Then, Jackson added, with a preacher’s easy, well-honed delivery, “I’m thinking to myself, every time you open your mouth, I clutch my pocketbook.”
Roars of approval and long, lingering laughter came from the crowd.
The Republican candidate for lieutenant governor knows how to give his supporters the supercharged rhetoric they love. But on Tuesday he faces a tougher test in a debate in Arlington with Democratic candidate Ralph S. Northam, a state senator and child neurologist from Norfolk. It will be the first high-stakes opportunity for Jackson to present himself to a large audience in politically crucial Northern Virginia. And he’ll be doing it in front of a mixed crowd, leaving Jackson partisans and Democratic opponents wondering how his brand of politics will play.
Depending on who’s listening, Jackson’s mastery of the incendiary zinger is a sign of spiritual and ideological purity or of a divisive mean streak. He’s said that gay people’s “minds are perverted. They are frankly very sick people psychologically”; cited the “genocide” of tens of millions of aborted black babies to argue that “Planned Parenthood has been far more lethal to black lives than the KKK ever was”; and in a sermon Sunday said non-Christians are following “some sort of false religion.”
It was an anti-Obama, anti-
establishment roar from Virginia’s conservative activists at the state’s GOP convention in May that put the obscure minister from Chesapeake in the No. 2 spot on the Republican ticket.
As the campaign enters its final weeks, Republicans are wrestling with the political realities of the party’s decision to nominate a relative unknown with limited political experience but plenty of political baggage. Some fear Jackson could weigh down Republican gubernatorial candidate Ken Cuccinelli II, himself a longtime tea party favorite whose campaign has emphasized appeals to more- moderate Republicans and independents in a purple state that voted twice for Obama.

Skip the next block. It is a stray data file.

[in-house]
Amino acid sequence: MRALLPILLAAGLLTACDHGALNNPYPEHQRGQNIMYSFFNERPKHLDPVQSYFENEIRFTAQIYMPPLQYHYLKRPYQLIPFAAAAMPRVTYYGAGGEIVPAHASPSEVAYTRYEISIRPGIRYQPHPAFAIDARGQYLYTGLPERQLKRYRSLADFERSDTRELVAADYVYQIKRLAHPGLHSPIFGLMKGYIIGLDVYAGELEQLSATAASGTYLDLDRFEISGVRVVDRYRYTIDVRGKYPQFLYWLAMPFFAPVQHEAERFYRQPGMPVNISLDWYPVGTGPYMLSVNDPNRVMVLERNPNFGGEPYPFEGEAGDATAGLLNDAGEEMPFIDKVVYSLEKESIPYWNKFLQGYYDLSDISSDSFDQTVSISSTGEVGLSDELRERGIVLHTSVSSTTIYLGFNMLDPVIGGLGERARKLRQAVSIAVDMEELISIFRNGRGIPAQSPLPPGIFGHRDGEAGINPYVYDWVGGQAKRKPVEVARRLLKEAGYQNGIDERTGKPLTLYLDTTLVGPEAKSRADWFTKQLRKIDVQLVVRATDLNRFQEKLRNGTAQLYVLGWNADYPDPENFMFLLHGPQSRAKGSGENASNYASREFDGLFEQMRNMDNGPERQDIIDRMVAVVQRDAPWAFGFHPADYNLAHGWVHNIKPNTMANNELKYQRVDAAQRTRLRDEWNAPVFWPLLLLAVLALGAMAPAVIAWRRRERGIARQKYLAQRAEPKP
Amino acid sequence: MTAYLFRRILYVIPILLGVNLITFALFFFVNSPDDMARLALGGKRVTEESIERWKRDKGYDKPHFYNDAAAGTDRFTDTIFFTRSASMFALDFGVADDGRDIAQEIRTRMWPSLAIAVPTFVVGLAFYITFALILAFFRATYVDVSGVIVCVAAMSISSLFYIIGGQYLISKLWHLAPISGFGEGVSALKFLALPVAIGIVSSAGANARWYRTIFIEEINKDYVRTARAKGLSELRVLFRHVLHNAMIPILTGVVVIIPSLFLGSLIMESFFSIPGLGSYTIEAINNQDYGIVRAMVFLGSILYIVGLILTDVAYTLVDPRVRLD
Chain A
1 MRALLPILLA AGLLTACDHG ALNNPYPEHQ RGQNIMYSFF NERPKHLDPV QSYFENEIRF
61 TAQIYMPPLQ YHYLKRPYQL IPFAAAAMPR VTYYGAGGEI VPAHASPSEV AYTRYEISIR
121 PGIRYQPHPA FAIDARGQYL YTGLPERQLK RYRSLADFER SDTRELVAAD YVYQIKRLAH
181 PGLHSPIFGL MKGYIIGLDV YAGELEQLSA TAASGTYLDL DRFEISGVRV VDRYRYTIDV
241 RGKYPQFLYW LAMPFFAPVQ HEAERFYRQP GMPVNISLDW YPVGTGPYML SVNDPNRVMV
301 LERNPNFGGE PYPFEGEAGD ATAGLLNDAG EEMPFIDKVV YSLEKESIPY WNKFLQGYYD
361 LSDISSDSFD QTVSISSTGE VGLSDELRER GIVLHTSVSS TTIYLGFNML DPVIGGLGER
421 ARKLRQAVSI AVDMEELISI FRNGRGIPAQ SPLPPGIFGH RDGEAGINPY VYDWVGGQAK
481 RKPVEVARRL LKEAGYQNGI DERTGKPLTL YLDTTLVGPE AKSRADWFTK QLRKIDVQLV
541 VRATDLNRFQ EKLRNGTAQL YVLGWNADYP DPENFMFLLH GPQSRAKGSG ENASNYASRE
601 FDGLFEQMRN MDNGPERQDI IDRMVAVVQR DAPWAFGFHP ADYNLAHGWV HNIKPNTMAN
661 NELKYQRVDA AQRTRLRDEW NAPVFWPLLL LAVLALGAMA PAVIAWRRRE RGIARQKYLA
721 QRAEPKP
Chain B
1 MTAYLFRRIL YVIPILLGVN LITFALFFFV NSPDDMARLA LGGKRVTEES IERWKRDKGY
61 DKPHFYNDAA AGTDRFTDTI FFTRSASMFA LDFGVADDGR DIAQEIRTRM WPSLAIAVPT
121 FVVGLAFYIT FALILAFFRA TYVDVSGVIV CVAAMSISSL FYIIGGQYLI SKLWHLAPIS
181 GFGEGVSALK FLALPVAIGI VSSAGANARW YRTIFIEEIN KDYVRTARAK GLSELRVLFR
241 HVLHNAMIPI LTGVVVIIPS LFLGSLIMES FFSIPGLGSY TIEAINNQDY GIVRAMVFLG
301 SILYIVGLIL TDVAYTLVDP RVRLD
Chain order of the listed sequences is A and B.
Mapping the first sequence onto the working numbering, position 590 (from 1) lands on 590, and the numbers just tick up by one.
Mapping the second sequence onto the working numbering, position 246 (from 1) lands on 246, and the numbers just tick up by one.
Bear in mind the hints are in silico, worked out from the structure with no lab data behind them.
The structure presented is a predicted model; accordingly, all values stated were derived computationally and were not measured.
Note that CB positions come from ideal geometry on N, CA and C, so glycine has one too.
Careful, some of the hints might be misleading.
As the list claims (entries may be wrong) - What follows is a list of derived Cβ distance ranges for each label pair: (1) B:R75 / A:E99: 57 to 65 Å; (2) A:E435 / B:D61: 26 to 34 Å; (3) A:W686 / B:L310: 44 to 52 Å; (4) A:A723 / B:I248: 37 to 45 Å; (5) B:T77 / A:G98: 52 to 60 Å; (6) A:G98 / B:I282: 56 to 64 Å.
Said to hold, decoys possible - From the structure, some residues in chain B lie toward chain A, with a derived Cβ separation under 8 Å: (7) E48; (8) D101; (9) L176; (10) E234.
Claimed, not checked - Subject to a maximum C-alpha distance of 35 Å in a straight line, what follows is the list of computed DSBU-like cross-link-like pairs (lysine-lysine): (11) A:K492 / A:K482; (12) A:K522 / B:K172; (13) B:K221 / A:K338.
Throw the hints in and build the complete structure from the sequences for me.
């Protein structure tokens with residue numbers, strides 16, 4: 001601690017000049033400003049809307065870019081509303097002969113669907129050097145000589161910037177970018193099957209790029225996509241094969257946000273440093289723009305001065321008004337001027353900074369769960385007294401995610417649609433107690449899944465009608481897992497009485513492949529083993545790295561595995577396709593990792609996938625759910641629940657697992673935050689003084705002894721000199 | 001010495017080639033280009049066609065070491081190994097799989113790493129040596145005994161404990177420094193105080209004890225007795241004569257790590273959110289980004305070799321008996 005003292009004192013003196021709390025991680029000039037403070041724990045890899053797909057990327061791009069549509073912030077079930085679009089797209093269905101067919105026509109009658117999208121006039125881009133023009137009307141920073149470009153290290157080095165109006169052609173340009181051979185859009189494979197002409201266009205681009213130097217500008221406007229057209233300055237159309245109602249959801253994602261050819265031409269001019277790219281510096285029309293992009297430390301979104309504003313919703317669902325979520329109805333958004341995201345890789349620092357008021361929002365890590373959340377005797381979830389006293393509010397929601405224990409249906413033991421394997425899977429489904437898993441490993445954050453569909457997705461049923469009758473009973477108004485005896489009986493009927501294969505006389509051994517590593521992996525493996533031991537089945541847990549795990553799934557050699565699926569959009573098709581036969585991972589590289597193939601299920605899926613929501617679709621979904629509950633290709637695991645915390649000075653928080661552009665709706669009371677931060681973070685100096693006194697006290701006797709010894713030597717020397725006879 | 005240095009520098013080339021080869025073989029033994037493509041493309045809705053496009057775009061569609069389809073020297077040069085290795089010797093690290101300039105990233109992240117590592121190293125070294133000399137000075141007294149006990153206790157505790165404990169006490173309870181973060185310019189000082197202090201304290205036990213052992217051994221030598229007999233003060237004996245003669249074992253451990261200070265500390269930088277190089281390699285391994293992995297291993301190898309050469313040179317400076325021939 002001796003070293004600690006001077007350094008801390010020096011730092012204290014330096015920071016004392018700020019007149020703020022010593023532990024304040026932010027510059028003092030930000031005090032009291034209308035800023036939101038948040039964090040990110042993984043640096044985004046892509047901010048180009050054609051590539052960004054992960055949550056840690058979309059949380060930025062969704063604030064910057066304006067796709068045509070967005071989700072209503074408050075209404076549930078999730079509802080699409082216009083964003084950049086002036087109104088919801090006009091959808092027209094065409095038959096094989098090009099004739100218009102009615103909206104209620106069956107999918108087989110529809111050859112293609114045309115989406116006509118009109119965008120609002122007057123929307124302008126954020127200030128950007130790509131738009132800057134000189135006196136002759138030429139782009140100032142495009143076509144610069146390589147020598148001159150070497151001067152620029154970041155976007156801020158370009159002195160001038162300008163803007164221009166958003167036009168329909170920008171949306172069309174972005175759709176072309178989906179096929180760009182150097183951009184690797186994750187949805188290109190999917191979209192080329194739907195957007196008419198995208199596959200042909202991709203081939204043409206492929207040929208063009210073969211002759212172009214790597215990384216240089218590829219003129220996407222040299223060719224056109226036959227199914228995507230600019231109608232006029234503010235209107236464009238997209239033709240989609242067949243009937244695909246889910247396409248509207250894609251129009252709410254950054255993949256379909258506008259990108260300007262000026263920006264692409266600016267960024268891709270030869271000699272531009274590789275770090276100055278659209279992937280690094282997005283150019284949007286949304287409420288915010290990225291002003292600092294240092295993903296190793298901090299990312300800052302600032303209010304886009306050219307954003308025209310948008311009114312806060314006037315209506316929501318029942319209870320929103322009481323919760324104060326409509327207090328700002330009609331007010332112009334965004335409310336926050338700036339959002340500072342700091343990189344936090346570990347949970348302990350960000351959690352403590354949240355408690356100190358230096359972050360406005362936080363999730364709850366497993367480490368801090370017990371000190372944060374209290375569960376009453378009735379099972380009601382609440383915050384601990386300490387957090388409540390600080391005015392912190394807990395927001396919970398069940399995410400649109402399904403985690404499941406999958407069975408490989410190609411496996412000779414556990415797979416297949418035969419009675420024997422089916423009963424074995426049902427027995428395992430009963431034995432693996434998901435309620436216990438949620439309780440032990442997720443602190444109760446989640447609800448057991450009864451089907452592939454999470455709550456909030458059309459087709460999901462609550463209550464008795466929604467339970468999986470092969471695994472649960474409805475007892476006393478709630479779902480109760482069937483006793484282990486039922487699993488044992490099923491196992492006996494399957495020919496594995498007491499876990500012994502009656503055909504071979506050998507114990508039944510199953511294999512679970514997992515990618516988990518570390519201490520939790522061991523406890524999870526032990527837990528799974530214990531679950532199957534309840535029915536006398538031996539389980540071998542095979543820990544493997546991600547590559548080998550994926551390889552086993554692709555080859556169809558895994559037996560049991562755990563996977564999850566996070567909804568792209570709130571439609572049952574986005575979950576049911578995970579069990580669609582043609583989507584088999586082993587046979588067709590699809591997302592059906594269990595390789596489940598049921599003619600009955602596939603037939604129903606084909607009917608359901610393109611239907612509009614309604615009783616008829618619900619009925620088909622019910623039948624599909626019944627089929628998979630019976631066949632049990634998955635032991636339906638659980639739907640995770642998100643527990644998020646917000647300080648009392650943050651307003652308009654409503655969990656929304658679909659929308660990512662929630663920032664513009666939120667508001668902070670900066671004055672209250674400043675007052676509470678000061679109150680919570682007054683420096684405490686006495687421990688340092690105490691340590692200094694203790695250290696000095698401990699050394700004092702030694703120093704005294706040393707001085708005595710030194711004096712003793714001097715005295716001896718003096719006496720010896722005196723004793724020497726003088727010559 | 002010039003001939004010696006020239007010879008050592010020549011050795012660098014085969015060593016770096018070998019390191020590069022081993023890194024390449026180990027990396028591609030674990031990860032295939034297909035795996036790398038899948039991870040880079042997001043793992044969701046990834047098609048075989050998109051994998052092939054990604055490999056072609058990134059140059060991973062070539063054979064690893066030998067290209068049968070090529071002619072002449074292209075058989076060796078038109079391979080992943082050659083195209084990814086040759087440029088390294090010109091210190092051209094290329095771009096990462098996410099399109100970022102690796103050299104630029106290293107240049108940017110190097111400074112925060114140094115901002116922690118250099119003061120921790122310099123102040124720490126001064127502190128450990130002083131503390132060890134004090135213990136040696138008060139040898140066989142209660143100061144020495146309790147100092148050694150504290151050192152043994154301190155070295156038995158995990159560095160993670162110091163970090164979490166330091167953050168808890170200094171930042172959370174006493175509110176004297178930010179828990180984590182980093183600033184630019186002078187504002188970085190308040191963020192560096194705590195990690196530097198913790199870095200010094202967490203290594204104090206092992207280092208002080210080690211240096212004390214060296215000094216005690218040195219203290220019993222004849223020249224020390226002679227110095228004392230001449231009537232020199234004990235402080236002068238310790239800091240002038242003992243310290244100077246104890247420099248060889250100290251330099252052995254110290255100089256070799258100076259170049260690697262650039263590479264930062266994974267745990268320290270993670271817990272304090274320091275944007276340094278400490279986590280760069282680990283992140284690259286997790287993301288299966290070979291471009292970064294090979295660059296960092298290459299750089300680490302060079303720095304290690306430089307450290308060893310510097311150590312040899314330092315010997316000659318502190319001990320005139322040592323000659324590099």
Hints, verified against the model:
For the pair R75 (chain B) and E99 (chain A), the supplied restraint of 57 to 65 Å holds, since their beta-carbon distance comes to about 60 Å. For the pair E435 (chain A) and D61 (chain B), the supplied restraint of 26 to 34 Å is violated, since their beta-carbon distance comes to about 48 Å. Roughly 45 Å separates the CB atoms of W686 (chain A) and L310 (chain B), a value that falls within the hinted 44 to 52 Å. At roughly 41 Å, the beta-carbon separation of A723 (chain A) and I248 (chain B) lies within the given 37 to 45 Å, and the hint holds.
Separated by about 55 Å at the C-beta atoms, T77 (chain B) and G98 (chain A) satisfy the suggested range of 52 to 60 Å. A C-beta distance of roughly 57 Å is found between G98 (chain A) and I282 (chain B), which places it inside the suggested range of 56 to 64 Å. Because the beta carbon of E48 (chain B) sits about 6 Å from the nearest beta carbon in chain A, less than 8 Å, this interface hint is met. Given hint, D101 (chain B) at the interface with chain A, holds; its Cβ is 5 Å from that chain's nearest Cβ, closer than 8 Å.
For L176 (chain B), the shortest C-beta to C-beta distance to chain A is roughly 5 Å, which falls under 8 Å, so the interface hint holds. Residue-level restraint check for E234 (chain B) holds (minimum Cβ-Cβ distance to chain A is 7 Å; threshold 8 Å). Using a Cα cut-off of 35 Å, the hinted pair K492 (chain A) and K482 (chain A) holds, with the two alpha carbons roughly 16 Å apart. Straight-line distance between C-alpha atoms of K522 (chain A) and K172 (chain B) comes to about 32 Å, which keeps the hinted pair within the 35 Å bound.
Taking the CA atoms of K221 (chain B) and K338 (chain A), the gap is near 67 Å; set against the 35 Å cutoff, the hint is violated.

A new Washington Post/Abt-SRBI poll finds a tight race for lieutenant governor, with likely voters split 45 percent for Northam and 42 percent for Jackson. The difference is within the poll’s five-percentage-point margin of error. The results were identical in the race for attorney general: 45 percent for Democrat Mark R. Herring and 42 percent for Republican Mark D. Obenshain.
Seven in 10 likely voters plan to vote for the same party in all three statewide contests, including governor. But in a key difference from the governor’s race, both down-ballot Republicans hold slight edges among self-described independents, helping blunt a Democratic tilt in the state since last year.